The Grover Cleveland Birthplace Memorial Association was incorporated in 1913 as a non-profit organization, particularly “to honor and perpetuate the memory of Grover Cleveland.”
No longer owner of the site, the GCBMA is currently working in full cooperation with the state as a voluntary auxiliary. The GCBMA is an officially recognized Friends Organization. In 1990 the Mayor of Caldwell appointed a liaison with the birthplace, a GCBMA trustee, thus providing direct contact with the Borough.
The Association strives to promote greater interest and use of this national historic site by a wider audience of the general public, including presidential “buffs” and scholars.
The house and grounds are interpreted to represent the Caldwell minister’s home (manse) in a small New Jersey town around 1840. The collection includes objects here at the time of Cleveland’s birth: the majority are from his later family life and distinguished public career. These objects in this setting promote the study of history, citizenship, public service, and how someone born in humble beginnings could become one of our country’s greatest presidents.
1832 A two-and-a-half story house built on the north side of Newark Turnpike by the First Presbyterian Church at Caldwell, as a manse for its minister. Rev. Richard Falley Cleveland and Ann Neal Cleveland were in residence when their fifth child was born on March 18, 1837. He was named for the Church’s first minister, Stephen Grover. The House and barn were enlarged and “modernized” during ensuing years.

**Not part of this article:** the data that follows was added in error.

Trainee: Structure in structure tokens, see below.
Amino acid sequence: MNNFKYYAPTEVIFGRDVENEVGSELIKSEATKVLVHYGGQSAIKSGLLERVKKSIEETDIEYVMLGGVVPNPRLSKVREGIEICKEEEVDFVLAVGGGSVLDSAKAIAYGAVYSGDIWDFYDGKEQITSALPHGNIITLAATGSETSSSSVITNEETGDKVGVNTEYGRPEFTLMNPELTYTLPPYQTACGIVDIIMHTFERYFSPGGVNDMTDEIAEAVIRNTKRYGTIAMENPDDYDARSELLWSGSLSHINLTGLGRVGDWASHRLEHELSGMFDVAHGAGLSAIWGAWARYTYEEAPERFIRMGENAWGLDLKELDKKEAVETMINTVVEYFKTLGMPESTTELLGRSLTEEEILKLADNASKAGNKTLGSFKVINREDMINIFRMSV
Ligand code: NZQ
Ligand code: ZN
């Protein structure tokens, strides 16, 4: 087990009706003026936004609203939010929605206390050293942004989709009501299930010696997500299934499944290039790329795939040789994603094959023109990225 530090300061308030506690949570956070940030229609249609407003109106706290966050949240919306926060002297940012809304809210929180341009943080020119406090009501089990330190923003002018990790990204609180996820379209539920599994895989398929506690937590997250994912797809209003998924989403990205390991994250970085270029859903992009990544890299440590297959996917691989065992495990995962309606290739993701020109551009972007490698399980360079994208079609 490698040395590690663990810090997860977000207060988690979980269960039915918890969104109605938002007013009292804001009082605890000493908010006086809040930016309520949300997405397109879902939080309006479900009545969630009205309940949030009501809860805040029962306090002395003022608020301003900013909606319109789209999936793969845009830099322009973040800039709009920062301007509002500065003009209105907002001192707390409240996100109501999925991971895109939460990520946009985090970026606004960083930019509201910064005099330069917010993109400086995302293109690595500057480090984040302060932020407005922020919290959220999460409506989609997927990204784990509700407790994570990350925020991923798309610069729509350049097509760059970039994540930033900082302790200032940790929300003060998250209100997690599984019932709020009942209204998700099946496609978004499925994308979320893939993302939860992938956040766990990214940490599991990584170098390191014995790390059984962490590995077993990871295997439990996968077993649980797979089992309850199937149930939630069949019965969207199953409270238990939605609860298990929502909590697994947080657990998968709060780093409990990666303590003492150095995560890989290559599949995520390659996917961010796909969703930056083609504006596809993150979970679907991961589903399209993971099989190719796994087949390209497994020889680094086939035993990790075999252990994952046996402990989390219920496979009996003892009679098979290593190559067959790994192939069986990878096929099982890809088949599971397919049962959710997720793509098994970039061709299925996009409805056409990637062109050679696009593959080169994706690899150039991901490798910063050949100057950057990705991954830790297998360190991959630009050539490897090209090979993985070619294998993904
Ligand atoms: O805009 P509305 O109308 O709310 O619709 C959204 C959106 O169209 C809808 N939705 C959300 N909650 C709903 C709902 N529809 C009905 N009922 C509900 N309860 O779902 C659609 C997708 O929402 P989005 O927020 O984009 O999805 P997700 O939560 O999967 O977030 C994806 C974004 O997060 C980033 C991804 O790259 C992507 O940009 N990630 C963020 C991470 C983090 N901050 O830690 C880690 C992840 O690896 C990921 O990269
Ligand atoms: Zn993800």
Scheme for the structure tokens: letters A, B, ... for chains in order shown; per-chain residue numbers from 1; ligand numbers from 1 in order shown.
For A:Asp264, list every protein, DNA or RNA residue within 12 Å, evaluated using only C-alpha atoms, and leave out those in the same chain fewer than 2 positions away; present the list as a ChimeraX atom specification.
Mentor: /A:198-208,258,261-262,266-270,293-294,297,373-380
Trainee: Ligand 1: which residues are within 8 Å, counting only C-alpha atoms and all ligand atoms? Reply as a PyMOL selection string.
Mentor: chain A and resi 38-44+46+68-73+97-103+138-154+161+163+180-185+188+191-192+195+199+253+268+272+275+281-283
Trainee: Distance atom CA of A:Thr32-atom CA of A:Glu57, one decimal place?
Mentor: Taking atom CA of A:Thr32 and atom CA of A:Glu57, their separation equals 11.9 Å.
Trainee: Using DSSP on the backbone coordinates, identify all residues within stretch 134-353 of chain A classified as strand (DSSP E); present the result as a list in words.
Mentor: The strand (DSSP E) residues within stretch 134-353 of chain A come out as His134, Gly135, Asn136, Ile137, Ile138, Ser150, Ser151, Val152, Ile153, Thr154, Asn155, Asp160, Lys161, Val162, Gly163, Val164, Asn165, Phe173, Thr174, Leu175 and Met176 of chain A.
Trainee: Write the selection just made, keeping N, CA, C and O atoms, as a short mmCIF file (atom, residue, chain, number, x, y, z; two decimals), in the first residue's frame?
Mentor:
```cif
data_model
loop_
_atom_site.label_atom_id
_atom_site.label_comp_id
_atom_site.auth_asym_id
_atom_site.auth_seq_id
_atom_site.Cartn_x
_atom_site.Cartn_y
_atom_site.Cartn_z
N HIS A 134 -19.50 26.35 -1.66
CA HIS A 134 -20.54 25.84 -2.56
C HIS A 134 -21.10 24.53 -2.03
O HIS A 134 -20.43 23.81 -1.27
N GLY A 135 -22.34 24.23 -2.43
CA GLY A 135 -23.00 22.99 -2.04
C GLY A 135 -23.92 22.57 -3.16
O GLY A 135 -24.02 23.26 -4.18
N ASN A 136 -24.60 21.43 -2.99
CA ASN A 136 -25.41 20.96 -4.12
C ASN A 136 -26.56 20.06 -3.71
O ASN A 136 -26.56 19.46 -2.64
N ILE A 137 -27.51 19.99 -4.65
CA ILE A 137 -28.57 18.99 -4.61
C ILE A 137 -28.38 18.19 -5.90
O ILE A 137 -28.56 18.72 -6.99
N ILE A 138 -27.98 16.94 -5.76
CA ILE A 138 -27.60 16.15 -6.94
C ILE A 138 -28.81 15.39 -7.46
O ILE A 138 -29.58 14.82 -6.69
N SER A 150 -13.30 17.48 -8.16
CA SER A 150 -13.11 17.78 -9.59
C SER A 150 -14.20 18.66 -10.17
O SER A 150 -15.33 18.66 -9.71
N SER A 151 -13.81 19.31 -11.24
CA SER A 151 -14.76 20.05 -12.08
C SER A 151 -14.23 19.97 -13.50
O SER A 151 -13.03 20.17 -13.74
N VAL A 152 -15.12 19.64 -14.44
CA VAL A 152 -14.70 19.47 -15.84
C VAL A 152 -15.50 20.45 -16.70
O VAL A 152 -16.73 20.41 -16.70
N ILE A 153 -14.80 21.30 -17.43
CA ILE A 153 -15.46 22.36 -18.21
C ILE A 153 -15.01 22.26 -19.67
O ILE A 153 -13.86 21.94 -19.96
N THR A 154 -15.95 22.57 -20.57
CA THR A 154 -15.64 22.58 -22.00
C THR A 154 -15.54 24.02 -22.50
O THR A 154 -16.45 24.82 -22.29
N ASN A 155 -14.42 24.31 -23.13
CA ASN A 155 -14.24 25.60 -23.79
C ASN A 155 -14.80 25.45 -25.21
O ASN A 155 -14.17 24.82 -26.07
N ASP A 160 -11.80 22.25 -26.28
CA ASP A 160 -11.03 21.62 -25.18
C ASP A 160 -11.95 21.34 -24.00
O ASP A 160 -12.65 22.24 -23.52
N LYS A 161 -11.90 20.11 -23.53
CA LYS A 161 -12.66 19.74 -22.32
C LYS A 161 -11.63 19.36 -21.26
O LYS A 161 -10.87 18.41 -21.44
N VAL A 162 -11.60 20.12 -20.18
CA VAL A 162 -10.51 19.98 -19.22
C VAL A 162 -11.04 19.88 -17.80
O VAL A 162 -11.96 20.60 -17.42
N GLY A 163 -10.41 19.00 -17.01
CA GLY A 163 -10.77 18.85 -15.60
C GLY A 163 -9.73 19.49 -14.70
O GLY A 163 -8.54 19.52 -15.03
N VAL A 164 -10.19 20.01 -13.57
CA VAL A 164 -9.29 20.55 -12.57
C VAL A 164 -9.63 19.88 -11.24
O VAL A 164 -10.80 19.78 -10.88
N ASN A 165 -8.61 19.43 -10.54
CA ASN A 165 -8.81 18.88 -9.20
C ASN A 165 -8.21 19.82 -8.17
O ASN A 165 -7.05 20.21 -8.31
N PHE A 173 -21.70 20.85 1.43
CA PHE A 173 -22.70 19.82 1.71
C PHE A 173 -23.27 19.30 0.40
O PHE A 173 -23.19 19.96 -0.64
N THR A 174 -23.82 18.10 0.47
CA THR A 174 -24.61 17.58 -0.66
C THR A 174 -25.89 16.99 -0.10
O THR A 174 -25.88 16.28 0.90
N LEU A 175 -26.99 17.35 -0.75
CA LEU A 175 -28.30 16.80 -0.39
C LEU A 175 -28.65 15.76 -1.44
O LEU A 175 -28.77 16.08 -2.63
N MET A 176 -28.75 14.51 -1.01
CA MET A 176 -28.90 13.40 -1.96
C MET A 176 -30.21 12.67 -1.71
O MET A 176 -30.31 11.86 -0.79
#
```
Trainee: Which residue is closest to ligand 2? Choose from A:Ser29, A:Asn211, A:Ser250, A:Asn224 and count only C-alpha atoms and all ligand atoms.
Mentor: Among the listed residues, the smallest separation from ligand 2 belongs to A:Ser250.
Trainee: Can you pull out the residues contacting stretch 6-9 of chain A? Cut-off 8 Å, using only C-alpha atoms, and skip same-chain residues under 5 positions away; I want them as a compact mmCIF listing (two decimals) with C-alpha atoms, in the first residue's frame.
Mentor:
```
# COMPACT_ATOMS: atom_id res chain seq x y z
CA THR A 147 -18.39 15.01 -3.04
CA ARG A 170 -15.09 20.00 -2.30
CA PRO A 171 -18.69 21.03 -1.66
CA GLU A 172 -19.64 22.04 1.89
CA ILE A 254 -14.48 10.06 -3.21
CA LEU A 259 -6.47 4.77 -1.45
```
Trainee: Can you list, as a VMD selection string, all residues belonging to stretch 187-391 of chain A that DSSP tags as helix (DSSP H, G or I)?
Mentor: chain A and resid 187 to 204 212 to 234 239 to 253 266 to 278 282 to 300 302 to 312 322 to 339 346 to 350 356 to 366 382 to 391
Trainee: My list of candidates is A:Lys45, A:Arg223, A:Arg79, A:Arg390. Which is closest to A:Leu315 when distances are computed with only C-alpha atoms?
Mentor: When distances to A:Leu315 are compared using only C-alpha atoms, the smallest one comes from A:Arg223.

1902 The Church begins negotiations for sale of the property at $18,000, to be used only as a memorial to Grover Cleveland.
1907 A Committee of friends installs a bronze tablet in the room where Grover Cleveland was born. The 70-year-old ex-president wrote that he was profoundly moved by the event.
1913 The Grover Cleveland Birthplace Memorial Association was incorporated with four officers and 39 trustees, prominent citizens from throughout the country. The Association purchased the house and lot, plus a lot along Arlington Avenue
1933 The GCBMA experienced financial difficulties during the Great Depression. The State of New Jersey assumed ownership. Twenty trustees were appointed by Governor Moore.
1936 The House was restored to its 1870 appearance under a WPA program. Placed under Bureau of Historical Monuments: subsequently under Dept. of Environmental Protection and Energy, Division of Parks and Forestry. The house is listed on both the National and New Jersey Register of Historic Places.
1986 The GCBMA was reactivated for the Sesquicentennial of Grover Cleveland’s Birth (1987).